I have an incorrect time on my Windows machine. I'm not sure how to specify the proper timezone and setup an NTP synchronization. When I'm using a dualboot configuration with Linux (Ubuntu) my time is getting off by two hours every time I boot Windows.

How do I set up a robust time synchronization on my Windows 8 OS?

2 Answers 2


The answer is actually timezone differences - See this:


Operating systems store and retrieve the time in the hardware clock located on your motherboard so that it can keep track of the time even when the system does not have power. Most operating systems (Linux/Unix/Mac) store the time on the hardware clock as UTC by default, though some systems (notably Microsoft Windows) store the time on the hardware clock as the 'local' time. This causes problems in a dual boot system if both systems view the hardware clock differently.

The advantage of having the hardware clock as UTC is that you don't need to change the hardware clock when moving between timezones or when Daylight Savings Time (DST) begins or ends as UTC does not have DST or timezone offsets.

Changing Linux to use local time is easier and more reliable than changing Windows to use UTC, so dual-boot Linux/Windows systems tend to use local time.

Since Intrepid (8.10), UTC=yes is default.

Make Windows use UTC:

Note: This method was not initially supported on Windows Vista and Server 2008, but came back with Vista SP2, Windows 7 and Server 2008 R2.

To make MS Windows calculate the time from the hardware clock as UTC.

Create a file named WindowsTimeFixUTC.reg with the following contents and then double click on it to merge the contents with the registry:

Windows Registry Editor Version 5.00


Make Linux use 'Local' time:

To tell your Ubuntu system that the hardware clock is set to 'local' time:

  1. edit /etc/default/rcS
  2. add or change the following section
#Set UTC=yes if your hardware clock is set to UTC (GMT)


  • The same used to happen to me with every multiboot system I built. Can you accept the answer as well? Nov 28, 2013 at 14:03
  • This value needs to be a QWORD on 64-bit systems, Jun 8, 2019 at 5:50

This guide will provide you with robust bullet-proof time synchronization in Windows 8 and Windows 7. Also, it will allow you to overcome some difficulties when using dual-boot with Linux.

Notice: you will need an administrative privileges to complete this setup.

If you have any problems, questions, ideas — please leave a comment.

Select proper timezone

First of all you need to open the Date and Time configuration window. You can do so by clicking on a time widget in your toolbar using right mouse button and select Adjust date/time. Then you should click Change time zone... button. Now make sure that your time zone is configured correctly. If not, select proper one from the drop down menu.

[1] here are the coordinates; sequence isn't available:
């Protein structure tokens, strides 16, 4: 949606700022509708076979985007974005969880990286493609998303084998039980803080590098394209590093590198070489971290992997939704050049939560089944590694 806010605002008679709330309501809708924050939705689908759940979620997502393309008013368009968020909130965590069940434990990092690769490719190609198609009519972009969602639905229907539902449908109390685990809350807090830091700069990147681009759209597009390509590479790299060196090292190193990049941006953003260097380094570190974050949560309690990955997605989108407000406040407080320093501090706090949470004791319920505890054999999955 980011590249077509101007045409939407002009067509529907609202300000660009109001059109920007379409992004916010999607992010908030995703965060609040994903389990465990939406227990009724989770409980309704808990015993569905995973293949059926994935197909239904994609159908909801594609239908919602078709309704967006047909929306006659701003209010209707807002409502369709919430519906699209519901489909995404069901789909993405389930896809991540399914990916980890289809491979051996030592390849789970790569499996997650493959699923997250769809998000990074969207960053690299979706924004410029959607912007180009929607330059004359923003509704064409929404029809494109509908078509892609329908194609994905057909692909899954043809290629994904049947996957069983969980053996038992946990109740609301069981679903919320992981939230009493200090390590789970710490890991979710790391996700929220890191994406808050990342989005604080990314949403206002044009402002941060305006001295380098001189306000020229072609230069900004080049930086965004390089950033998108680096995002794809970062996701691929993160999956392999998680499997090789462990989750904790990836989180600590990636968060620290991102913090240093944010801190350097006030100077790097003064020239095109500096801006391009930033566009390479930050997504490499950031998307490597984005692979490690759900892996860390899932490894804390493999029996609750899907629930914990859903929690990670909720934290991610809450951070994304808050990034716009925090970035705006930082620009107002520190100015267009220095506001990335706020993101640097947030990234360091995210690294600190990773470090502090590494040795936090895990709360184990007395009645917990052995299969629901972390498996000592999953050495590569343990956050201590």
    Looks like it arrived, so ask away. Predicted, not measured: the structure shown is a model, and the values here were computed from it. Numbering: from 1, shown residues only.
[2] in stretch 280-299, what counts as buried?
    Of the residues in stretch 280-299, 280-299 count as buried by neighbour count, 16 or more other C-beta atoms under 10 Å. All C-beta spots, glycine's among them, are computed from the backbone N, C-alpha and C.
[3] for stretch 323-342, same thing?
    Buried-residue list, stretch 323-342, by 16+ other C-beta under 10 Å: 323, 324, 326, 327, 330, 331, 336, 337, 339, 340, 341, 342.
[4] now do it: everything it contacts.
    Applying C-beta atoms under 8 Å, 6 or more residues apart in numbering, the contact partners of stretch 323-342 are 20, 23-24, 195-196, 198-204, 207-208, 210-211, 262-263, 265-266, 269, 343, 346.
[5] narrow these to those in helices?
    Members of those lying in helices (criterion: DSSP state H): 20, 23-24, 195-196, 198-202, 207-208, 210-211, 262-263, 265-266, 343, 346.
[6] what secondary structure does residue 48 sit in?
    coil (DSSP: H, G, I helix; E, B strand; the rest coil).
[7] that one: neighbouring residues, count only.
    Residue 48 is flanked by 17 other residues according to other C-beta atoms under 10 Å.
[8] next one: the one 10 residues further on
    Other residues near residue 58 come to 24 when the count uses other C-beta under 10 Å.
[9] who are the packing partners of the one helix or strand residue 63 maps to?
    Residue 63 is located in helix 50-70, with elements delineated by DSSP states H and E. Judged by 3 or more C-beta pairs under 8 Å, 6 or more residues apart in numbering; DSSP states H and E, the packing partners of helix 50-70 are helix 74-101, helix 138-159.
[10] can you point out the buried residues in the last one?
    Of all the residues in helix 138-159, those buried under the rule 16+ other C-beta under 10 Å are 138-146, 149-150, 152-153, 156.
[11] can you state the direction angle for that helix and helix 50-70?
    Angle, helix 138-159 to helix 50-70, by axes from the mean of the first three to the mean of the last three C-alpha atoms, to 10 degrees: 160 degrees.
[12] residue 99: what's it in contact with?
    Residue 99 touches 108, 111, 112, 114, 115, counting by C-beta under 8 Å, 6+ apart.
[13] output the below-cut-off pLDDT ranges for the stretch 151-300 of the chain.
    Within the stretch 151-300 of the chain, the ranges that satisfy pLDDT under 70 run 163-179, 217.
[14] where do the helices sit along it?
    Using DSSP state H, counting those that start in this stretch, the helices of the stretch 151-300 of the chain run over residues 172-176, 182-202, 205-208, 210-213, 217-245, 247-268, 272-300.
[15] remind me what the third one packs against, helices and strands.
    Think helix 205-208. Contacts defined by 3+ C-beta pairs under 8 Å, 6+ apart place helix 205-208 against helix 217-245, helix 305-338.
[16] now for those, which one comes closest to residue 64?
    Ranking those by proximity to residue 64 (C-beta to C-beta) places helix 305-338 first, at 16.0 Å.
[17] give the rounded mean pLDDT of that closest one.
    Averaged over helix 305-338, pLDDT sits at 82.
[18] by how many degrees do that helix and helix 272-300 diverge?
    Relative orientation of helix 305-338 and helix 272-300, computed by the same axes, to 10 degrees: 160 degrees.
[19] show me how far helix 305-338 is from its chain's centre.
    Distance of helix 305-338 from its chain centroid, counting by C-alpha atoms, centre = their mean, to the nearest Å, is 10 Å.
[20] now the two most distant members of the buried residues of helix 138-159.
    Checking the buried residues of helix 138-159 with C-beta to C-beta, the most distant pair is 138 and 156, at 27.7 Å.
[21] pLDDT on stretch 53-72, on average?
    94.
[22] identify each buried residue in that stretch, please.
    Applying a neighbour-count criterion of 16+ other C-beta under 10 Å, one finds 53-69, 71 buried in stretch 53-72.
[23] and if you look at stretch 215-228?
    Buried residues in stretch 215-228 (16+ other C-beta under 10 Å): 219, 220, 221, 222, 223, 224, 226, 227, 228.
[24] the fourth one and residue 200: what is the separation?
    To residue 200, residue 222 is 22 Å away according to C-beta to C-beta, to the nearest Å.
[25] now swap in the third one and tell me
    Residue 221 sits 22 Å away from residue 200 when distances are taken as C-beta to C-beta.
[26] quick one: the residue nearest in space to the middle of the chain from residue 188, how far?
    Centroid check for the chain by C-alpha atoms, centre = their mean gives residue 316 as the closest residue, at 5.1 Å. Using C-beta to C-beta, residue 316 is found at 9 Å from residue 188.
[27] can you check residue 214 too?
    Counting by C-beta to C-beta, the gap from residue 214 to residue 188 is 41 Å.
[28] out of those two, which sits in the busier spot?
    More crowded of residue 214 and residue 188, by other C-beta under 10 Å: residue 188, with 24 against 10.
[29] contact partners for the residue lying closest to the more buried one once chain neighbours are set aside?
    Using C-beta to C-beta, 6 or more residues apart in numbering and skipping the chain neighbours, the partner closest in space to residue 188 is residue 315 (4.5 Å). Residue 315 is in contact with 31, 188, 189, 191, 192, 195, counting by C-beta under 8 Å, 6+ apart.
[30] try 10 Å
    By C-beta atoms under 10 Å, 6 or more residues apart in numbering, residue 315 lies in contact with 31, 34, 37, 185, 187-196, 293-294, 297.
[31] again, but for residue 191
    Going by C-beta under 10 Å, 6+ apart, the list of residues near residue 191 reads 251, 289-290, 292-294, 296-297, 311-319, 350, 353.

If you don't know your timezone in UTC standard, you can find it here. Just select your country and city in the left menu. Your timezone will be written under the current time: e.g.: Moscow Time (MSK) +0400 UTC

Now close the window by clicking OK button.

Select NTP-server

Open the tab called Internet Time and hit Change settings... button (you will need an administrator's privileges). Make sure that checkbox is ticked in the opened window.

Now we want to specify a valid NTP-server. This will allow your computer to automatically synchronize time from the remote server. I would recommend you to use the server from ntp.org. Just open the website, select your region from the right menu (e.g. Europe), select your country on the following page. Now you should see an address of the proper NTP server for your country in the header, e.g.: Russian Federation — ru.pool.ntp.org. Copy this address and paste it in the Server text box of the Internet Time Settings dialogue. Click OK.

You can close the Date and Time window now.

Updating time at boot

Next thing we should do is to setup Task Scheduler to update our time during boot up process.

Open the Control Panel. Find Administrative Tools and open it. Now open Task Scheduler from the list of administrative tools.

Click Actions > Create Task...

On the General tab:

  • Specify the name, e.g.: Synchronize Time
  • Tick Run whether user is logged on or not
  • Tick Run with highest privileges
  • Make sure that the proper user is selected (it must have administrative privileges). You can change user by clicking Change user or Group

On the Triggers tab:

Click the New... button.

Select At startup from the Begin the task dropdown menu.

You can also create another triggers if you want. For example you can run this task every hour to make sure that you have a precise time

Click OK button.

On the Actions tab:

Click the New... button.

Fill the form according to this values:

Program/script: schtasks

Add arguments (optional):

/Run /I /TN "Microsoft\Windows\Time Synchronization\ForceSynchronizeTime"

We are using schtasks console util to run special Microsoft's task that comes with Windows called ForceSynchronizeTime which is used to forcibly update the date and time.

Click OK button.

On the Conditions tab:

  • Untick Start the task only if the computer is on AC power

On the Settings tab:

Tick Run task as soon as possible after a scheduled start is missed

Tick If the task fails, restart every and select 1 minute, also specify 15 times for Attempt to restart up to.

Tick Stop the task if it runs longer than and specify 5 minutes.

Click OK button.

Enter the password for selected user when prompted.

Test (optional)

Adjust your time manually so it become incorrect. Right click on the created task in the list of the tasks and click Run. If everything configured correctly your time will be updated from the selected NTP server.

You must log in to answer this question.

Not the answer you're looking for? Browse other questions tagged .